Stack Overflow is a community of 4.7 million programmers, just like you, helping each other.

Join them; it only takes a minute:

Sign up
Join the Stack Overflow community to:
  1. Ask programming questions
  2. Answer and help your peers
  3. Get recognized for your expertise

I want to style the user div depending on the number of times the user class appears in the parent class. I know how to do this with jquery but is this possible with css3 only? I only target Chrome browser.

<div class="parent">
 <div class="user"></div>
</div>

<div class="parent">
 <div class="user"></div>
 <div class="user"></div>
</div>
share|improve this question
up vote 1 down vote accepted

There's a selector called :nth-child(integer). You can do it as such

.parent .user:nth-child(1)

Will only affect the first .user inside that .parent. I don't know why it's not 0 based, but whatever. Also, you can use equations, such as

.parent .user:nth-child(2n+2)

Which will only select every second .parent .user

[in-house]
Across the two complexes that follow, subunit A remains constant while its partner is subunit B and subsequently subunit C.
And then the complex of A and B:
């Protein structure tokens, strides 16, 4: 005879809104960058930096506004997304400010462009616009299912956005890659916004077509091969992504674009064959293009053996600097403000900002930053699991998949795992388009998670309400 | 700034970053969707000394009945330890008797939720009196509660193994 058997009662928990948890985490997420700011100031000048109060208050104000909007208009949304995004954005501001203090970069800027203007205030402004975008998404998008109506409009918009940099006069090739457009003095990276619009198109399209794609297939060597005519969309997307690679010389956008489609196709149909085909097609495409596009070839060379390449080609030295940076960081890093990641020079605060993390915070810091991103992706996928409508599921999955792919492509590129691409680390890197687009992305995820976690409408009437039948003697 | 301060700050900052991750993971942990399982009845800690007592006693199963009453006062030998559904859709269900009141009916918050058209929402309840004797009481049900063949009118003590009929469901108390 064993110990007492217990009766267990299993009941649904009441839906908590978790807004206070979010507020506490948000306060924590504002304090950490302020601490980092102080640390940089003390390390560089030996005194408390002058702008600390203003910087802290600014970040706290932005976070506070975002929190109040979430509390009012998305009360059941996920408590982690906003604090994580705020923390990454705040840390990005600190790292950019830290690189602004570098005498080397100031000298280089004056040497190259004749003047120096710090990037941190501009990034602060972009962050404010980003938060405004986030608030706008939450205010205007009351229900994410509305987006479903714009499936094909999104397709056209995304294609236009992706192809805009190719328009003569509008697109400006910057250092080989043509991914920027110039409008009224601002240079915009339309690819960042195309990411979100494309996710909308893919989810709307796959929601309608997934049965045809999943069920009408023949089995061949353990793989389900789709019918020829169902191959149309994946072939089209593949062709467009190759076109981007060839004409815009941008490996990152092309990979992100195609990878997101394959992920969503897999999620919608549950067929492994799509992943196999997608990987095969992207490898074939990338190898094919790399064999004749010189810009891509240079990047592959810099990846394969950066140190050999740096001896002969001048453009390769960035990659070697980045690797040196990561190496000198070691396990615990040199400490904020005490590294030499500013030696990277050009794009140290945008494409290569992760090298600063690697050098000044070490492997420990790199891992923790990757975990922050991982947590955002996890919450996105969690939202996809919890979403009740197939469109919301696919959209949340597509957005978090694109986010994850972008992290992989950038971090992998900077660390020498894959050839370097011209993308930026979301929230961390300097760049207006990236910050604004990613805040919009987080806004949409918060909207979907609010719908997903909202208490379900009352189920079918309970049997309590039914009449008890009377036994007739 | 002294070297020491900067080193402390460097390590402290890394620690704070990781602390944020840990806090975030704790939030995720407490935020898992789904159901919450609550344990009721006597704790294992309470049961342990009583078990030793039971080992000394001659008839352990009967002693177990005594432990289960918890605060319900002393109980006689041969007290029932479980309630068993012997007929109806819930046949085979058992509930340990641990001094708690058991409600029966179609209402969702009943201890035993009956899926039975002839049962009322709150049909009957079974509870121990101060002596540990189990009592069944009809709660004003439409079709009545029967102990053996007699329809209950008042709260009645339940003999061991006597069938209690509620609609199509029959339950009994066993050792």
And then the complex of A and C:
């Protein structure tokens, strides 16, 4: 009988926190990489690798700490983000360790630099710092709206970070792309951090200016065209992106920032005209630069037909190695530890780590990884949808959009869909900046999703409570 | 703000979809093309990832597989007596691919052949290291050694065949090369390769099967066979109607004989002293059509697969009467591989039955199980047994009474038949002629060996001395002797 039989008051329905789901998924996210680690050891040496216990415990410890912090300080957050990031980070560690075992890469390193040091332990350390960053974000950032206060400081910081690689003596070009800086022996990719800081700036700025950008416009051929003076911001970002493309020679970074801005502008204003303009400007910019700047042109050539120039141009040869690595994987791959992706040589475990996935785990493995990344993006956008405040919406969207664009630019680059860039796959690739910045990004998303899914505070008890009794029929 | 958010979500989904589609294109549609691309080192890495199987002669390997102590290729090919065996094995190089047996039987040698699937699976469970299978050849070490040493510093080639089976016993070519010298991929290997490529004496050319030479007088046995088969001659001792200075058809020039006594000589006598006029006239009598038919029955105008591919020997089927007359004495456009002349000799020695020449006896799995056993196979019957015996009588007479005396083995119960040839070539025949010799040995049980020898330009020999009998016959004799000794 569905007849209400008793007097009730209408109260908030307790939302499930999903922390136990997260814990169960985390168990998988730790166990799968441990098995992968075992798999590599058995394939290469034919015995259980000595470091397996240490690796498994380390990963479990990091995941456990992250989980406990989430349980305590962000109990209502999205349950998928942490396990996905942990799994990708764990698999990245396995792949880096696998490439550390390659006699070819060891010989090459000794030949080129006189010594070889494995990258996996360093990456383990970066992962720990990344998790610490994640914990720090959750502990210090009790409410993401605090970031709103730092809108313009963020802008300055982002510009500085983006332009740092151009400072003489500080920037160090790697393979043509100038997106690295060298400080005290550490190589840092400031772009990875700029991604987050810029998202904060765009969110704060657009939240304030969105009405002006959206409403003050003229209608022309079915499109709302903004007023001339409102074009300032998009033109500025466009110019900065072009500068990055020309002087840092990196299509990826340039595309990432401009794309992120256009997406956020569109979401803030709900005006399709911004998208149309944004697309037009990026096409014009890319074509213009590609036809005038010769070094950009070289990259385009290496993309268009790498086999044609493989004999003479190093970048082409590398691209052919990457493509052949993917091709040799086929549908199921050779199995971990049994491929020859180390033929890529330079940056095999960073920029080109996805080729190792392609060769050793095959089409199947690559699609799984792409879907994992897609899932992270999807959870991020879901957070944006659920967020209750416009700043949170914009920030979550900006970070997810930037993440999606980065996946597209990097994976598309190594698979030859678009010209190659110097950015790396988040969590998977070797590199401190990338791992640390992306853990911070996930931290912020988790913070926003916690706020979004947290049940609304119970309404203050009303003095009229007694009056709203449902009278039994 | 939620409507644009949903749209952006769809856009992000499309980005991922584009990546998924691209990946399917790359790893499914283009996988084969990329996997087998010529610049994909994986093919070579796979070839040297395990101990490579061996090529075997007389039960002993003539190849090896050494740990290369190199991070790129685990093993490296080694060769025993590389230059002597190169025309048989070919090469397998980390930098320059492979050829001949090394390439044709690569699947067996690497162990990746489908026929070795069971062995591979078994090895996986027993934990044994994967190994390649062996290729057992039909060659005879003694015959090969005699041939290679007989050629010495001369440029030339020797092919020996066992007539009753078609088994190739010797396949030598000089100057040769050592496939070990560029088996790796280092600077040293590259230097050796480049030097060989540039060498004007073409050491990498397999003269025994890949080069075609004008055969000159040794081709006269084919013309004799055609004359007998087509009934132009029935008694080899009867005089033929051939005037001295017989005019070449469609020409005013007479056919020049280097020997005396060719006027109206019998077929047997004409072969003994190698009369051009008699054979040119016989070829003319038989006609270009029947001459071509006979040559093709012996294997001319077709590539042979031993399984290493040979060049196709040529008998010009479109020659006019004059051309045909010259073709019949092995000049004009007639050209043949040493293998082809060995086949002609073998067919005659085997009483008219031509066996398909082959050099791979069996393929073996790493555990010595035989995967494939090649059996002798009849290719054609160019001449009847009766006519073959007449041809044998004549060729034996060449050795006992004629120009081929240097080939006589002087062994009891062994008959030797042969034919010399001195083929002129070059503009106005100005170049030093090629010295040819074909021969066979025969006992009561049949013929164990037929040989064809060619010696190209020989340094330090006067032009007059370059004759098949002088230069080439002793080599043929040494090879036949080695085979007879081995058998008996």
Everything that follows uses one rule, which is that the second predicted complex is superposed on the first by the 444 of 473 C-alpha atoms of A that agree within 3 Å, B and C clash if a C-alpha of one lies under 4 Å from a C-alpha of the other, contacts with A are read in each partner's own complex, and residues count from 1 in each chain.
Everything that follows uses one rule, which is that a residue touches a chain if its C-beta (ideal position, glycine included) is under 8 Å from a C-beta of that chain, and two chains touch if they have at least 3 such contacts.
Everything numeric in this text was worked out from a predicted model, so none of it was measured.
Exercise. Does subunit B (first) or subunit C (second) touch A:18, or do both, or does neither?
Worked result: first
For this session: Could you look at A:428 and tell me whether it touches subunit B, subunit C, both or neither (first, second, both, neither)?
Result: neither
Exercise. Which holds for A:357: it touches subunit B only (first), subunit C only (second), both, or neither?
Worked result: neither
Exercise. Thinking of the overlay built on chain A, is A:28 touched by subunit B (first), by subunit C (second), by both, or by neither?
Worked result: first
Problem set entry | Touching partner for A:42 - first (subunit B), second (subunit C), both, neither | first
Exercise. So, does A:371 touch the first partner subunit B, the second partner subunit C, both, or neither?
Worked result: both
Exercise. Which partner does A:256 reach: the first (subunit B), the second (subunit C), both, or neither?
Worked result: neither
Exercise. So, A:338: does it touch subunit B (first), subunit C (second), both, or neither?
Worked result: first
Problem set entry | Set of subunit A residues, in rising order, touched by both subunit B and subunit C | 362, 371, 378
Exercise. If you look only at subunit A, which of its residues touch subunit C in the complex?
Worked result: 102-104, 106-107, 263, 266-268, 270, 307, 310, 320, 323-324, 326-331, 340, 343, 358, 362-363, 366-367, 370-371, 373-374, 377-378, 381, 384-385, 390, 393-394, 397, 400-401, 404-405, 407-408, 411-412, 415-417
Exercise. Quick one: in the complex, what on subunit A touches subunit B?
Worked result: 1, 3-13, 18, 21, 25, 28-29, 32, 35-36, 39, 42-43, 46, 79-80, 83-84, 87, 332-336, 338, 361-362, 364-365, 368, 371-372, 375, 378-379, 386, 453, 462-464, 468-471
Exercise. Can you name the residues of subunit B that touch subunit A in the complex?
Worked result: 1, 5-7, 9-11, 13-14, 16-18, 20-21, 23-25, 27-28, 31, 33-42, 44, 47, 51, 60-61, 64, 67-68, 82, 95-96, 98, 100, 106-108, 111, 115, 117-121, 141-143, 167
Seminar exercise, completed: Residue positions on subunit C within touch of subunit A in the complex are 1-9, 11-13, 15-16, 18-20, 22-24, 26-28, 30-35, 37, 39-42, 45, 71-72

Here's some more reading

http://css-tricks.com/how-nth-child-works/

Or to show style based on how many times .user shows up, there's the solution of styling 1st child, then overriding it, while styling 2nd child, and overwriding that when styling 3rd and so on. Here's an example

http://lea.verou.me/2011/01/styling-children-based-on-their-number-with-css3/

share|improve this answer
    
I don't think I can use the nth-child selector since it only selects one div in the parent class I want to style depending the number of user divs in the parent class. – Tarscher Aug 8 '12 at 7:13
    
I've edited my answer to reflect what you want – Gareth Parker Aug 8 '12 at 7:16

There's no way of doing what you're asking that I'm aware of. The method linked to by Gareth Parker requires you to either know how many child elements there will be or know the maximum number of them.

The closest I got was to style any .user elements that succeed one .user element:

​.parent .user { background:red; }
.parent .user ~ .user { background:blue; }

​ This uses the ~ combinator, which is the General Sibling combinator.

Here it is in action.

You could also, of course, apply a class to any .parent elements that you know will have more than one .user element inside, then just target any .user elements within that given class.

share|improve this answer

Your Answer

 
discard

By posting your answer, you agree to the privacy policy and terms of service.

Not the answer you're looking for? Browse other questions tagged or ask your own question.